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ALLIANCE FOR INDEPENDENCE, II

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ALLIANCE FOR INDEPENDENCE, II

Post by sol_drethedon on Tue Jul 17, 2012 9:27 pm

While it was possible to stand by the UPC in its effort to win independence for Uganda at this time, it also became increasingly clear with the passage of time that its petty-bourgeois narrowness of interest could not advance unity among the people of Uganda. Such unity was only possible in the basis of a continued anti-imperialist struggle of the people of Uganda as a whole for therein lay the fundamental interest of workers and peasants of Uganda to attain the economic equality they sought. The narrow interest of the petty bourgeoisie in UPC, just like their KY counterparts, excluded this possibility.

The petty rivalry was not restricted to the contradiction between the UPC and the KY alone. It almost manifested itself within the UPC itself, as within the KY also. We were to see more of these internal rivalries come out in the open in 1964/5. but already at the time of working out the alliance it became increasingly clear that a compradorial faction within the UPC, led by Ibingira, stood more in favor of the alliance than the more democratic faction led by Obote and Kakonge, the secretary general

Ibingira, who claims to tell us the 'truth', and who also claims to have been the brains behind the alliance, point out that Obote at first appeared not in favor of the alliance. Later however he accepted it, apparently because already Ibingira was plotting his removal with Nadiope. Nevertheless, Ibingira confirms that the basis of the alliance was religious. According to him, since protestant KY and UPC 'shared a common history and a similar tradition imparted by the same educational background', this made it easier 'to establish a modus vivendi' between the two parties. but the real interest, it must be emphasized, was not religious but economic and the religious element was merely being brought out for this purpose.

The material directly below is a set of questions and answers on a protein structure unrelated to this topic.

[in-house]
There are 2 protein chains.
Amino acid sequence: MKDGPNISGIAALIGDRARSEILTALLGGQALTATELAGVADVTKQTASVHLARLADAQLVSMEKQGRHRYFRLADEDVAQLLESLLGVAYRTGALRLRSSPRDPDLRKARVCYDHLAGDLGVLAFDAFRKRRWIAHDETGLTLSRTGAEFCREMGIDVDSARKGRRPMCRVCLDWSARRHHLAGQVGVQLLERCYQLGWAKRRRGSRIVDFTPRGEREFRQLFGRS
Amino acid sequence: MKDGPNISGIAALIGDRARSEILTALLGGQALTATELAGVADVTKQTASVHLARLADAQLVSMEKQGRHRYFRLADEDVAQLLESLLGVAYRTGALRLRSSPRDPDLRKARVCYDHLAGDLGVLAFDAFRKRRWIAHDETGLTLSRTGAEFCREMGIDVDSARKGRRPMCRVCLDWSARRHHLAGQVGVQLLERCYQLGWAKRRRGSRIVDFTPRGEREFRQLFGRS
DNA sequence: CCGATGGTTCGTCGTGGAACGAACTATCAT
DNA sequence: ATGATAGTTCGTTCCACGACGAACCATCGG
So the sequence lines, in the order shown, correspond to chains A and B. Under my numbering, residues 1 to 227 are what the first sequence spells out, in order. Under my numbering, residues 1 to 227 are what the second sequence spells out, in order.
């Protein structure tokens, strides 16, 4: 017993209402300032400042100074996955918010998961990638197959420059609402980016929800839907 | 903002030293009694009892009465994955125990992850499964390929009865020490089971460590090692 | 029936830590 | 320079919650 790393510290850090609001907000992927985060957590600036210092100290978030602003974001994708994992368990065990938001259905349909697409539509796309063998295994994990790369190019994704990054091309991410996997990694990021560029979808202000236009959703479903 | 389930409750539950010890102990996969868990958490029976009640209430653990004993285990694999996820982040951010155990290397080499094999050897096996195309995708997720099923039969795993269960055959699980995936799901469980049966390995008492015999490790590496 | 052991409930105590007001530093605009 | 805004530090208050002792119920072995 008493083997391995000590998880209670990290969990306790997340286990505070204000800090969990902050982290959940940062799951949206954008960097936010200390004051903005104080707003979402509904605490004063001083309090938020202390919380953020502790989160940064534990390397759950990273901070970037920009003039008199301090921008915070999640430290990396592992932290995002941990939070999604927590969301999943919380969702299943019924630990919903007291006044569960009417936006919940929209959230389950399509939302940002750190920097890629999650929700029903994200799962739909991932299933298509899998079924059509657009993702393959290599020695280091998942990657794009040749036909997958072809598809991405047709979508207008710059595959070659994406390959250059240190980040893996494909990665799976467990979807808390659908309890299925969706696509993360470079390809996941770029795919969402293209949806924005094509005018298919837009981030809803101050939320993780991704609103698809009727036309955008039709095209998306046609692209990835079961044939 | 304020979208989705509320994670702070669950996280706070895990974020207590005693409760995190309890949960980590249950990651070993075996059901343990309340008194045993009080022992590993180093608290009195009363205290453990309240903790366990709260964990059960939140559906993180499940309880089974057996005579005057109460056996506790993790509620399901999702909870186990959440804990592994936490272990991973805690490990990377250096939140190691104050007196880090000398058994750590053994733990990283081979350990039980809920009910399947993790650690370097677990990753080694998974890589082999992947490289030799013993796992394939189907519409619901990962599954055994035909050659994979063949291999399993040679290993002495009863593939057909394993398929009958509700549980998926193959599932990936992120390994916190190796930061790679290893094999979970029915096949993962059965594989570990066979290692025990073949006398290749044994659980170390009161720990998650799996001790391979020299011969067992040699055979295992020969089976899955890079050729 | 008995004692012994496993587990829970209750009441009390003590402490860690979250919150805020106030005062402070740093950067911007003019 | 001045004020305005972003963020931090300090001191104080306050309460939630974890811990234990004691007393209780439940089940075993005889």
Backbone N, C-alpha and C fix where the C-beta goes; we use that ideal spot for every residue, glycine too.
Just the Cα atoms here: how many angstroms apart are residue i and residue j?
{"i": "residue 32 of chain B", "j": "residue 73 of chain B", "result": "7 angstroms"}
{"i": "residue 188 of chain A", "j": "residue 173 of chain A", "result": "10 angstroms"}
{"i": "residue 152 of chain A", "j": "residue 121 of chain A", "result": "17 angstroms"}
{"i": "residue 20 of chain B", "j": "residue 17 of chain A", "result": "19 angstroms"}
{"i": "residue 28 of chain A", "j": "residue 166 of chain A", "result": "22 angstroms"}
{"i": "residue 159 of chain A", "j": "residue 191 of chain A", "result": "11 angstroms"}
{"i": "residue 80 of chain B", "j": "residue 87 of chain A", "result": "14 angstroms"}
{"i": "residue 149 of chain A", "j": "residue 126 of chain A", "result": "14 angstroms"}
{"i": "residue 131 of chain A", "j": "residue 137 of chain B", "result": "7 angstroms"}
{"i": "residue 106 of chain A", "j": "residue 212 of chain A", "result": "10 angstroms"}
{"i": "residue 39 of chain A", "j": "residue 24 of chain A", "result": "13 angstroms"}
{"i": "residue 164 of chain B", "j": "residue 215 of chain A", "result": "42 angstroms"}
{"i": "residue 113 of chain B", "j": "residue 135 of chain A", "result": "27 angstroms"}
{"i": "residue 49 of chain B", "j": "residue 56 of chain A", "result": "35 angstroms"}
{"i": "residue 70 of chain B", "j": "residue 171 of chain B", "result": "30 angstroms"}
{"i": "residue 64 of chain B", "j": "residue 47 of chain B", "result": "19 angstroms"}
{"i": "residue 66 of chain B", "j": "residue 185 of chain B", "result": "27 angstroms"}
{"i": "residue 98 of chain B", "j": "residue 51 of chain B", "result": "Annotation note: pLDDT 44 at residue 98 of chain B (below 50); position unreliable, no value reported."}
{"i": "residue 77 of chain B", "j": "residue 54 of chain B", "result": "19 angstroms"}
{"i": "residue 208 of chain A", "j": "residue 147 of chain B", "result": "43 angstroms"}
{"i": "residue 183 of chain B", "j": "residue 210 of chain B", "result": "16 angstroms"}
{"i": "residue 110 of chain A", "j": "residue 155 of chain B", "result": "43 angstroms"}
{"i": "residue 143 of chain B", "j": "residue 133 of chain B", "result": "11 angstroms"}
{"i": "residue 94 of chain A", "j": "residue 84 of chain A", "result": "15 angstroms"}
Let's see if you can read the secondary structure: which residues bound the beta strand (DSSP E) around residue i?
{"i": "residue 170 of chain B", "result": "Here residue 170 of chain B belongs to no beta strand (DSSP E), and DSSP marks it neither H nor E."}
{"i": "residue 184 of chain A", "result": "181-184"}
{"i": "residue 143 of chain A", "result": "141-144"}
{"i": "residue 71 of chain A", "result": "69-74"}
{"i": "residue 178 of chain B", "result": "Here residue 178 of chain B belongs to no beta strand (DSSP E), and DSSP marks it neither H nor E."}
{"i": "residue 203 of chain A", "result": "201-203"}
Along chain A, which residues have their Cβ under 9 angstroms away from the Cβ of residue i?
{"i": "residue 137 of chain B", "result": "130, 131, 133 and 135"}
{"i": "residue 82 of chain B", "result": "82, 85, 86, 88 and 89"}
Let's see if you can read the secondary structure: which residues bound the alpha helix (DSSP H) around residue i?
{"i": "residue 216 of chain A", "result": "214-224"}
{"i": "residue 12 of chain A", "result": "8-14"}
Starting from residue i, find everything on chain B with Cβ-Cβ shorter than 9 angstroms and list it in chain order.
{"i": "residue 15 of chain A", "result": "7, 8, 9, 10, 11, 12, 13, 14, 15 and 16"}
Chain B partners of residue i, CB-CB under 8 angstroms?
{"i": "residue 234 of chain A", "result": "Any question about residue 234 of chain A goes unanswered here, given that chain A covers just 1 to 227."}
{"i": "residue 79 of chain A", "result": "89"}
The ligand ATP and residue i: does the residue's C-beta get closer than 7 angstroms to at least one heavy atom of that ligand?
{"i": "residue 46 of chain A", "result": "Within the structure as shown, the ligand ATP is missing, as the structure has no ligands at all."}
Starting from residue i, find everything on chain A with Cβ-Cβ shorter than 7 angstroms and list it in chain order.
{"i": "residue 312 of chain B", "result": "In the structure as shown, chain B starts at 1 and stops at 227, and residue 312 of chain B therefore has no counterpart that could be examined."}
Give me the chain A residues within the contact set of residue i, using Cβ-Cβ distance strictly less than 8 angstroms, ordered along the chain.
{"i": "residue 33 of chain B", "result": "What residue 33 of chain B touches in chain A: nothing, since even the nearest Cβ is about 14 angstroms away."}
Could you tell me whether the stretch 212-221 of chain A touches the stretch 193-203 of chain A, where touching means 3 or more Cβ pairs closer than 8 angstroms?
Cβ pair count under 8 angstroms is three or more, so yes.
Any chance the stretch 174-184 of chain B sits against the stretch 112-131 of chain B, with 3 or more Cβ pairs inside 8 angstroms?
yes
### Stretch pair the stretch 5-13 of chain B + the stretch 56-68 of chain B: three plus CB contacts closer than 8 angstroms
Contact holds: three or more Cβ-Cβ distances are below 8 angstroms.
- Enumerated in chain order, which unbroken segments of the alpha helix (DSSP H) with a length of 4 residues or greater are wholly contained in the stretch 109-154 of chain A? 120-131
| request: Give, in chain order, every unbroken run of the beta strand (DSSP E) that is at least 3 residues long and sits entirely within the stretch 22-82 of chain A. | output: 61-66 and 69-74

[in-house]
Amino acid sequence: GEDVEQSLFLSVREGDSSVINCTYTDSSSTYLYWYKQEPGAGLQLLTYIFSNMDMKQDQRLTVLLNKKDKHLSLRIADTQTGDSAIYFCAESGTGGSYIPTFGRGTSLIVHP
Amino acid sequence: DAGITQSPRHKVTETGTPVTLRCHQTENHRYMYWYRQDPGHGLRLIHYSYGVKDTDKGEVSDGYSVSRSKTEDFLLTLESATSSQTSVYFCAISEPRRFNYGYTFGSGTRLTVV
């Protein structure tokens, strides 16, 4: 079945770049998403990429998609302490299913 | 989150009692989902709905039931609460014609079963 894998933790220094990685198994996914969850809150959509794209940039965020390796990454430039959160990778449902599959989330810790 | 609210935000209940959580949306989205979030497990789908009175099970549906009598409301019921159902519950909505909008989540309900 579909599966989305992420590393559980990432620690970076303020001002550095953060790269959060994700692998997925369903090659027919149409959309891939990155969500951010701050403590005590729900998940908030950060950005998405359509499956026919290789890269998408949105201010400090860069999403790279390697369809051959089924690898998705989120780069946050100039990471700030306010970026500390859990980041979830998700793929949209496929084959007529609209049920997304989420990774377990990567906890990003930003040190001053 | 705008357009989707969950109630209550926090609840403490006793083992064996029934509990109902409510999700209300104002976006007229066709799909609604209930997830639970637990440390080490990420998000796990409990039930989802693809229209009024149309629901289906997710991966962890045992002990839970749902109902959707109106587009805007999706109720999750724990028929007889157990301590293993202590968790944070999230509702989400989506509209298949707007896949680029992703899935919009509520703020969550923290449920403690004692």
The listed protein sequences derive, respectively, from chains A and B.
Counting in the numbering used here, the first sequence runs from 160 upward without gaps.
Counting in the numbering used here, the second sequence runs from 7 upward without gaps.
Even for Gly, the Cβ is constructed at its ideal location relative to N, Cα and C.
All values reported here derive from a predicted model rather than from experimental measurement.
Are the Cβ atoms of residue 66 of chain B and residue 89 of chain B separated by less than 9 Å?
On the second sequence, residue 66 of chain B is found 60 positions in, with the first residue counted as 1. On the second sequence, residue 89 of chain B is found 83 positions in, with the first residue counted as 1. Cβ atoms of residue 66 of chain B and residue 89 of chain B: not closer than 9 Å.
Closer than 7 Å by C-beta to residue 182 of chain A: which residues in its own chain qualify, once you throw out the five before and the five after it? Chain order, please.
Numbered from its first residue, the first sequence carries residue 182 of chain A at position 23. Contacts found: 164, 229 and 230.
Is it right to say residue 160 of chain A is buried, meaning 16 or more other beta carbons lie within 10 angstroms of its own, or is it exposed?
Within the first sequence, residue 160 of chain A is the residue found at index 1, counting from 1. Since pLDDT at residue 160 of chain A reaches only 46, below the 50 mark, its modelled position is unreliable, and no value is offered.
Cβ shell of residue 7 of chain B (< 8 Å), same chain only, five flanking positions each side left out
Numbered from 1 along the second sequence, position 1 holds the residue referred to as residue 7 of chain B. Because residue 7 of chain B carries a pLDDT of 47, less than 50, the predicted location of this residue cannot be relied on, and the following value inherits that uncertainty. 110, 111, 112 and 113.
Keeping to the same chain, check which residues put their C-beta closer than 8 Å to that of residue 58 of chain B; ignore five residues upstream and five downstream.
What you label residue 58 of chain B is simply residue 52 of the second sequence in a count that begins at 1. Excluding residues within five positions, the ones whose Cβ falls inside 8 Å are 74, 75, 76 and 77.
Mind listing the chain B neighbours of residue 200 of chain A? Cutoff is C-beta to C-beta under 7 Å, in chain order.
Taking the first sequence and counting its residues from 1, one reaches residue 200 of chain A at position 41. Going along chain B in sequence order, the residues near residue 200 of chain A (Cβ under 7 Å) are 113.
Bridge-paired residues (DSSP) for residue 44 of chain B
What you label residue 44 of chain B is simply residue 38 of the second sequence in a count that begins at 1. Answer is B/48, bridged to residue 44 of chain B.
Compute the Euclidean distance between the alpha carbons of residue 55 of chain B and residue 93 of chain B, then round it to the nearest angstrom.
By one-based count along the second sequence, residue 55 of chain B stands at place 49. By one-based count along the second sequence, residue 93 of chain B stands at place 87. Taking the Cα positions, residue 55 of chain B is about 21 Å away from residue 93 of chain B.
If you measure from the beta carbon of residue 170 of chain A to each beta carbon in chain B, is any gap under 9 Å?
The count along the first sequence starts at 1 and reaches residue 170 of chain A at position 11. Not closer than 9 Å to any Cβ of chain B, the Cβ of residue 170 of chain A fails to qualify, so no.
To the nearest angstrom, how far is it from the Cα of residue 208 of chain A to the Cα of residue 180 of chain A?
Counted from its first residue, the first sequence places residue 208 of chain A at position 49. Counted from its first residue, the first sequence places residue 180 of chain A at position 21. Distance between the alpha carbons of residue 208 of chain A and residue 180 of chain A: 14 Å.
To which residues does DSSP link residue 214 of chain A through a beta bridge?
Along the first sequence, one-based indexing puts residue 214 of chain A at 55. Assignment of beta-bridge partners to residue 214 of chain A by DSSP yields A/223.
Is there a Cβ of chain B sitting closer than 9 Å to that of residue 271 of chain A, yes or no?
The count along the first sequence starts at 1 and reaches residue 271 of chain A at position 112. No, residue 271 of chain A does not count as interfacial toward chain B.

For the time being, however, thisa hatched-up alliance went through strains and stresses. the first test was when UPC decided to contest a number of seats at a by-elections in Buganda in 1963. King Mutesa this as a serious challenge, but forgot mainly because the UPC lost! Within KY itself the solidarity of movement was beginning to crack again, reflecting the narrow material interests of its members The leading elements among the 'advanced men', having had their positions assured in the Uganda government as ministers, soon disassociated themselves from the separatism of King Mutesa. In a pamphlet entitled 'Fresh political approach in Buganda', Luyimbaazi-Zaake, Amos Ssempa (the arch separatist), Mayanja-Nkanji, later to become katikkiro in Buganda, and others, called for the merger of UPC and KY and reminded those who did not know-it and particularly those who had forgotten it that Buganda was part of Uganda and so it will remain forever. This flash of wisdom which should have come to them earlier is instructive in showing the way the petty bourgeoisie treated matters that involved the interests of masses of the people. For, as Marx correctly observed of them in his critique of Proudhon:

" Charlatanism in science and accommodation in politics are inseparable. there remains only one governing motive, the vanity of the subject, and the only question for (them) as for all vain people is the success of the moment, the attention of the day."

Thus our former separatists, now turned Unitarians- but only for the moment-'unity' was the word! Many of them stood for separatism again in 1966, having lost their positions in the Obote government; they now ordered the Uganda government to pack up and leave Buganda alone.

COMPILED BY DON DRE.

TO BE CONTINUED.



































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